American courts use the exclusionary rule to deter police officers and other government agents from abusing constitutional rights. According to the rule, courts will suppress evidence that the government obtains through unconstitutional conduct—often an unlawful search or seizure. Suppression means that the evidence in question will be inadmissible for most purposes in the defendant’s eventual trial. If a judge suppresses crucial evidence, the prosecution may have no other choice than to dismiss charges. (See What is a motion to suppress?)
The exclusionary rule applies to evidence that's a direct product of a constitutional violation. It also comes into play when such a violation leads less directly to incriminating evidence.
Suppose officers, without reasonable suspicion or probable cause, stop a man walking down the street. Though he’s done nothing to deserve it, they search him. They find in his pocket a scrap of paper saying, “Drugs are under garbage bin at 123 Jones Street.” The officers go to the address, peek under the garbage bin they see there, and find a bag of various narcotics. Both the note and the drugs were a product of an illegal stop and search, so neither will be admissible to prove the man’s guilt.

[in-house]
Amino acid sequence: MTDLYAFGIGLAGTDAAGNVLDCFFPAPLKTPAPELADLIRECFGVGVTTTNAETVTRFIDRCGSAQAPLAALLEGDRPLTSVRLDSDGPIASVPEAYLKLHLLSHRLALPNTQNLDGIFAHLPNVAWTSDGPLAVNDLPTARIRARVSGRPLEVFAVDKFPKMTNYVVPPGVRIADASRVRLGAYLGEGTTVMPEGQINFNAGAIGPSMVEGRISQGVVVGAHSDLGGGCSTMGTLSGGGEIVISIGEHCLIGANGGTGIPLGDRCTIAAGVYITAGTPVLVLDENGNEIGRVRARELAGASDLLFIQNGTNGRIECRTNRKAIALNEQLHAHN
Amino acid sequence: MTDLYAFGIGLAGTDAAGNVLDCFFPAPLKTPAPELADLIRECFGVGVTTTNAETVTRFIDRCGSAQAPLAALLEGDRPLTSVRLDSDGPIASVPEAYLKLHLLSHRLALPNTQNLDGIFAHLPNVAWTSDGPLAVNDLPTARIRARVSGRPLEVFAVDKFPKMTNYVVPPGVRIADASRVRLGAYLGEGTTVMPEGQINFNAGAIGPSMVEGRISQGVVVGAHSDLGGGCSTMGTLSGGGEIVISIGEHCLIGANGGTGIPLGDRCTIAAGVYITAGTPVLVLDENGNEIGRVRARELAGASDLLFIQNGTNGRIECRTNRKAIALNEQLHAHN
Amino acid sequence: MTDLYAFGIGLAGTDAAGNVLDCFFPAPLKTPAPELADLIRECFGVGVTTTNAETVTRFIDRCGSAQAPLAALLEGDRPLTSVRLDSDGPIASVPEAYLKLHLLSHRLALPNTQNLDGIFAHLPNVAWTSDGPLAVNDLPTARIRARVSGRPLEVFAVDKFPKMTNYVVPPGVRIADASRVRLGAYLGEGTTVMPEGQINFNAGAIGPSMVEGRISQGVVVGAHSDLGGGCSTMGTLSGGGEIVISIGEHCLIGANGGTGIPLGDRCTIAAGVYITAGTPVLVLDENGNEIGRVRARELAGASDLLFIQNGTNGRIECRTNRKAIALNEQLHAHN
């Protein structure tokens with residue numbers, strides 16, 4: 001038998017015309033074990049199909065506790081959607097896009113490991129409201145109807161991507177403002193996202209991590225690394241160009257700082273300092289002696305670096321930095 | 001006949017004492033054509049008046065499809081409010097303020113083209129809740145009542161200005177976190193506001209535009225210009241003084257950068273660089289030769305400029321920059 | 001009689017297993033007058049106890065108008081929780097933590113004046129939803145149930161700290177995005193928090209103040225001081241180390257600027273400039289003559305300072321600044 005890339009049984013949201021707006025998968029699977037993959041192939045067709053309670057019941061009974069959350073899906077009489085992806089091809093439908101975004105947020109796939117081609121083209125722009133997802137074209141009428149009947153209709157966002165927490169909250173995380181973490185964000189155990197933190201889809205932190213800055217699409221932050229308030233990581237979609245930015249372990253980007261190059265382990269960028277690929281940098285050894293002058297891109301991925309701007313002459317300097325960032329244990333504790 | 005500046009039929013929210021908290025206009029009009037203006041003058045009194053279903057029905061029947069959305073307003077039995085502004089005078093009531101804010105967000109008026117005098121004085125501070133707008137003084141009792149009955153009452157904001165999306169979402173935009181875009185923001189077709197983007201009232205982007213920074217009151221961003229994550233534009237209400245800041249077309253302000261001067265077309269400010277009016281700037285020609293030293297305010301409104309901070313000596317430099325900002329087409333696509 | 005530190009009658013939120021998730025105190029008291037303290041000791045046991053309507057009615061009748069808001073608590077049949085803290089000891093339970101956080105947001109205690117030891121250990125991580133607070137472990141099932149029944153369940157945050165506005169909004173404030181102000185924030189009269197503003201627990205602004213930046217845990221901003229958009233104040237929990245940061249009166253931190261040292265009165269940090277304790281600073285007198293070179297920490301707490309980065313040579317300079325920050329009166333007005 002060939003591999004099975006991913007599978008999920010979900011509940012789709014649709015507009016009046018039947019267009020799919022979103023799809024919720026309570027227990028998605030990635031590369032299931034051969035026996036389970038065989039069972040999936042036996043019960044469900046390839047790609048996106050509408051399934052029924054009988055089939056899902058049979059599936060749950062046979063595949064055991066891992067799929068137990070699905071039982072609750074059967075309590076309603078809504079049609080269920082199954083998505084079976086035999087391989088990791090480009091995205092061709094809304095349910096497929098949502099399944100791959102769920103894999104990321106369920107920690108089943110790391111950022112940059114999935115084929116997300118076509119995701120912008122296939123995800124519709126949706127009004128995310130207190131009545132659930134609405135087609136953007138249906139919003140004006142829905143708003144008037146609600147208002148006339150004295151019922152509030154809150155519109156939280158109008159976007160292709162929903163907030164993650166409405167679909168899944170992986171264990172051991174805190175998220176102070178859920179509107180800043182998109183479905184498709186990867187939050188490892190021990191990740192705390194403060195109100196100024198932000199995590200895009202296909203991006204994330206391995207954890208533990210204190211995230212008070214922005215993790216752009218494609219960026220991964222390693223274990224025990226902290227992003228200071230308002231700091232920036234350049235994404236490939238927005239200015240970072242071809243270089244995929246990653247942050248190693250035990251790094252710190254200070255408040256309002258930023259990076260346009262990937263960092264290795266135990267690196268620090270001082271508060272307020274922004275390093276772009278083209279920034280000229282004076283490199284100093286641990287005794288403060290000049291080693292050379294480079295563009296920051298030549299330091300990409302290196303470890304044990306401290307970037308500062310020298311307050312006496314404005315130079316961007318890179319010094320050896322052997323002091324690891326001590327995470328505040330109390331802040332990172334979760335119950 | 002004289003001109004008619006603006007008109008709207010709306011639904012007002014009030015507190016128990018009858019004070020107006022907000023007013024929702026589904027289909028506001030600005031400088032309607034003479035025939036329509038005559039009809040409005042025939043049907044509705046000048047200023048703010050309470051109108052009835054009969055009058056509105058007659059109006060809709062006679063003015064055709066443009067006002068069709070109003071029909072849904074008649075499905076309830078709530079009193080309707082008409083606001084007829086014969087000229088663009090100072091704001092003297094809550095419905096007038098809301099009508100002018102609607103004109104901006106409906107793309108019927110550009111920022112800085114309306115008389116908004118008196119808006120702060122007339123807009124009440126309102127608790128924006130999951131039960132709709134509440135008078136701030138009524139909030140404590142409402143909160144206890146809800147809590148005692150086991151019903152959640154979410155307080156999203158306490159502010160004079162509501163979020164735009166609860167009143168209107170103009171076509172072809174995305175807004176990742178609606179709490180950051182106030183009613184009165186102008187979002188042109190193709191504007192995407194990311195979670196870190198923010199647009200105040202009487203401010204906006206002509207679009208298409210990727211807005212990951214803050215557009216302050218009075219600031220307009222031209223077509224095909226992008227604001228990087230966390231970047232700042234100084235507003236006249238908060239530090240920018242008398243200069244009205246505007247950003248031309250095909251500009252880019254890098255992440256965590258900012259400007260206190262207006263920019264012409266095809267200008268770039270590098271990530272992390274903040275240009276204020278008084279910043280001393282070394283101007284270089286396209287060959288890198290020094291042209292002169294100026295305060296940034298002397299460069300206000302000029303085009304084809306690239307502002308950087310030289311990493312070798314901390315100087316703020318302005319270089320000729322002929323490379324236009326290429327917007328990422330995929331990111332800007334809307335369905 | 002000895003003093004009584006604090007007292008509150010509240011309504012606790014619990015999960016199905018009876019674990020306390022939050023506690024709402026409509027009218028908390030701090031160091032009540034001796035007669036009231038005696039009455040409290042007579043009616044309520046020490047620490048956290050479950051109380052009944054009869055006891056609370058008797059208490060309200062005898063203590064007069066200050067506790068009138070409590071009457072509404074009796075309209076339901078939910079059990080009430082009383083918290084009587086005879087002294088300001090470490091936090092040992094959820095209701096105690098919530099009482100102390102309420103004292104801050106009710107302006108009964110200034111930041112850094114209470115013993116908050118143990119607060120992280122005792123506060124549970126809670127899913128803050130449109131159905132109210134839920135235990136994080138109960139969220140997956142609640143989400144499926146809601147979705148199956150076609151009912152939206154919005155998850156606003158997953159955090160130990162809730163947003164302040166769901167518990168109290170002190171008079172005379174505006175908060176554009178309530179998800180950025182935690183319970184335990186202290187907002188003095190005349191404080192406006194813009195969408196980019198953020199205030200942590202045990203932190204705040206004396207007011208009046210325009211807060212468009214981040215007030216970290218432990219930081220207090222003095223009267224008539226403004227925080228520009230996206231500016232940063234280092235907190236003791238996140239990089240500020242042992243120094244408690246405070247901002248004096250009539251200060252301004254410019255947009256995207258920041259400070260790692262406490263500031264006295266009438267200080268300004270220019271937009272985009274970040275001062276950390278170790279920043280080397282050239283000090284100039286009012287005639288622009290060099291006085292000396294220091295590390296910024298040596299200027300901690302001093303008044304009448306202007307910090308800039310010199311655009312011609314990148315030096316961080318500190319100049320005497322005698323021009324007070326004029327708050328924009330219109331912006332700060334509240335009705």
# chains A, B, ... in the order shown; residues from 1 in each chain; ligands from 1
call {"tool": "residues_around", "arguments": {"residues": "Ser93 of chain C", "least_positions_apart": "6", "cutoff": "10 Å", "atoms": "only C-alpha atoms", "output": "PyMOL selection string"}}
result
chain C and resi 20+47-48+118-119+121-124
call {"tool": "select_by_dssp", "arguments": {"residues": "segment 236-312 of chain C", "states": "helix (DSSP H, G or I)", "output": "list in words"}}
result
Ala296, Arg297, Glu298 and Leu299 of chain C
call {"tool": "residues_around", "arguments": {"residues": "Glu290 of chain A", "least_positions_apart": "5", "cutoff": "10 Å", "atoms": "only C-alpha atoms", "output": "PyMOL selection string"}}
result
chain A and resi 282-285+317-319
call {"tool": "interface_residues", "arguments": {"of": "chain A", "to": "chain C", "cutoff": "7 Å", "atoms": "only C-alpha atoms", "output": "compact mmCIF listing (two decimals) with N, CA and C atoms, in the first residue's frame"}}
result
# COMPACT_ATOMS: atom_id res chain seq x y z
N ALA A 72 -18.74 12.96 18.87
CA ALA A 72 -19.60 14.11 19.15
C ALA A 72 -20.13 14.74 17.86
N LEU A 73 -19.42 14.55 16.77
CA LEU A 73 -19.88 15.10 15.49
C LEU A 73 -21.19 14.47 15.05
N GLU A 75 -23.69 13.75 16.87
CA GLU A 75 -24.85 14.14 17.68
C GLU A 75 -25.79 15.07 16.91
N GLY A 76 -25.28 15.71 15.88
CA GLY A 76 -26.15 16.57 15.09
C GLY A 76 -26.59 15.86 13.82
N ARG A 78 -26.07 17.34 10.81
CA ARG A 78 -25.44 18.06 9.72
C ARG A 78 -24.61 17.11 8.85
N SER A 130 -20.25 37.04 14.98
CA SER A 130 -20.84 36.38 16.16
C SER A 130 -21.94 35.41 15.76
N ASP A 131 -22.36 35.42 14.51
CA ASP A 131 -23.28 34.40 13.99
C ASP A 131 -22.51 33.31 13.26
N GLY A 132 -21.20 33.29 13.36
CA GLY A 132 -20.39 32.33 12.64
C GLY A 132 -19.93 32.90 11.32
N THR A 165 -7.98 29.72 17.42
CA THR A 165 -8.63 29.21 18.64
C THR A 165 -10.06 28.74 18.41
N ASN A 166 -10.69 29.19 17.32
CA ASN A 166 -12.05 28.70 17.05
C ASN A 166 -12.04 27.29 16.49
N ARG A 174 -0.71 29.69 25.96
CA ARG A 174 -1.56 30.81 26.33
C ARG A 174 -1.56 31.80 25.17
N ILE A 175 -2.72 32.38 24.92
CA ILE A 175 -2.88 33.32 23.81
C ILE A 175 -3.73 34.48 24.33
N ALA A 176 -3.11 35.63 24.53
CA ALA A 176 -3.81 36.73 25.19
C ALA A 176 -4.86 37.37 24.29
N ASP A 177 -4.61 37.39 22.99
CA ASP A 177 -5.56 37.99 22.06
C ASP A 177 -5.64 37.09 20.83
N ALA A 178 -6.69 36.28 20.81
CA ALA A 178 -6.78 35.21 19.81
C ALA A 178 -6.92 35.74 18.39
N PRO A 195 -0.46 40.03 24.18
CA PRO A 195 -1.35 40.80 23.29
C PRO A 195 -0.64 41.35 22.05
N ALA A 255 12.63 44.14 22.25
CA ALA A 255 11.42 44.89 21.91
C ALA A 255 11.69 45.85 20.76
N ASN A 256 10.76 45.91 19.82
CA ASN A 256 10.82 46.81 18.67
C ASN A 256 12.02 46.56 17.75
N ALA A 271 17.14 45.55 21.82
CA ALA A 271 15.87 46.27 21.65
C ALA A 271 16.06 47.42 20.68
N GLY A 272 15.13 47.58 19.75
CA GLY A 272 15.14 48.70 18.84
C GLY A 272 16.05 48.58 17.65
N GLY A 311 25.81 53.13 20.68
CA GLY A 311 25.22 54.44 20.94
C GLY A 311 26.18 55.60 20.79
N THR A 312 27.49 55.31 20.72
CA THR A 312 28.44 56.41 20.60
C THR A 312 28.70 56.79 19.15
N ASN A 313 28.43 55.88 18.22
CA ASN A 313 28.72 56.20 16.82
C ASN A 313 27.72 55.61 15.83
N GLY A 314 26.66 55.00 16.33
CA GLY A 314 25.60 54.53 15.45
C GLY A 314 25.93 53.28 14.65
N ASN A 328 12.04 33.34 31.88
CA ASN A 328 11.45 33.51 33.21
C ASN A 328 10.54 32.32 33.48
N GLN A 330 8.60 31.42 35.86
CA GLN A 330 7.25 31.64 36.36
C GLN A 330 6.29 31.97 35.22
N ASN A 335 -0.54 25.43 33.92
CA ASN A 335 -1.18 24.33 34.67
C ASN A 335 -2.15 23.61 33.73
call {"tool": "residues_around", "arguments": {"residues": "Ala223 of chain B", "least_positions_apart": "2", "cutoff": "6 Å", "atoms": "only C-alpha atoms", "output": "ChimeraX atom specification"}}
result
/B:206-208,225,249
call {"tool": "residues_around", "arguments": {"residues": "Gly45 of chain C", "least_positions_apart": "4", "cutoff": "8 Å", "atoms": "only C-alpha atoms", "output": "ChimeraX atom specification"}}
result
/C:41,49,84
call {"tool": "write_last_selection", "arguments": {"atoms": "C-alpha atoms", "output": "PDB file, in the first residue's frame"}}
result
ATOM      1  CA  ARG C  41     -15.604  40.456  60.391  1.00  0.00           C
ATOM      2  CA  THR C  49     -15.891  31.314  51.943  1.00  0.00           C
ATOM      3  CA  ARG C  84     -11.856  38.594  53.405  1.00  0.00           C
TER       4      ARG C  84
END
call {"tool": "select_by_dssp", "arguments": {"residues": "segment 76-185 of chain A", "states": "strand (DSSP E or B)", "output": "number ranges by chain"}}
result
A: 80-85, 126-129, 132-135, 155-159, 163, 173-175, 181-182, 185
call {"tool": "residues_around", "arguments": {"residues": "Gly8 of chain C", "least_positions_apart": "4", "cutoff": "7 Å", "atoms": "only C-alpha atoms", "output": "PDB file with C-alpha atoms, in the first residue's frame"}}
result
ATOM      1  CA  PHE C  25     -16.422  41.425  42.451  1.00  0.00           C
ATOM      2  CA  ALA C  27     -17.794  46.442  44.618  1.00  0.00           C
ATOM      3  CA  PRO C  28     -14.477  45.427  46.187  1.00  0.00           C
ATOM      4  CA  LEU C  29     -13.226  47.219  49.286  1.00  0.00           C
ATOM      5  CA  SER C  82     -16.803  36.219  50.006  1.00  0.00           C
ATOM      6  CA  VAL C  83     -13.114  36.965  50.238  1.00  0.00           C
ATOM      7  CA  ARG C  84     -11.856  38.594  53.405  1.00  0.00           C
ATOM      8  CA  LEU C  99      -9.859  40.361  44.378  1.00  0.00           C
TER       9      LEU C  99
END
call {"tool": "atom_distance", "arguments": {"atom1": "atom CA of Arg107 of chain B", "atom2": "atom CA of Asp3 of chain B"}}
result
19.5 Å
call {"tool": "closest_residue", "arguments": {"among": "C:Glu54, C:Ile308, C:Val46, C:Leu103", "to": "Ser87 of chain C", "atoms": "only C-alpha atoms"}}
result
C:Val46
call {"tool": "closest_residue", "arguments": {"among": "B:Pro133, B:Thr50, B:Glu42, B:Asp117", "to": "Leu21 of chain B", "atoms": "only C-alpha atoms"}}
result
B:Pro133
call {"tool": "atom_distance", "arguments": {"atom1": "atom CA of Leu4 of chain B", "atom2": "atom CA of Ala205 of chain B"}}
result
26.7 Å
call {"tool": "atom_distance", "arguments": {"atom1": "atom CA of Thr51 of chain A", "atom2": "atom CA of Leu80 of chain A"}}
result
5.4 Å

For more information on the exclusionary rule, including exceptions, see Fruit of the Poisonous Tree and Police Searches and the Good Faith Exception. Also see Statements Obtained When Police Violate Miranda.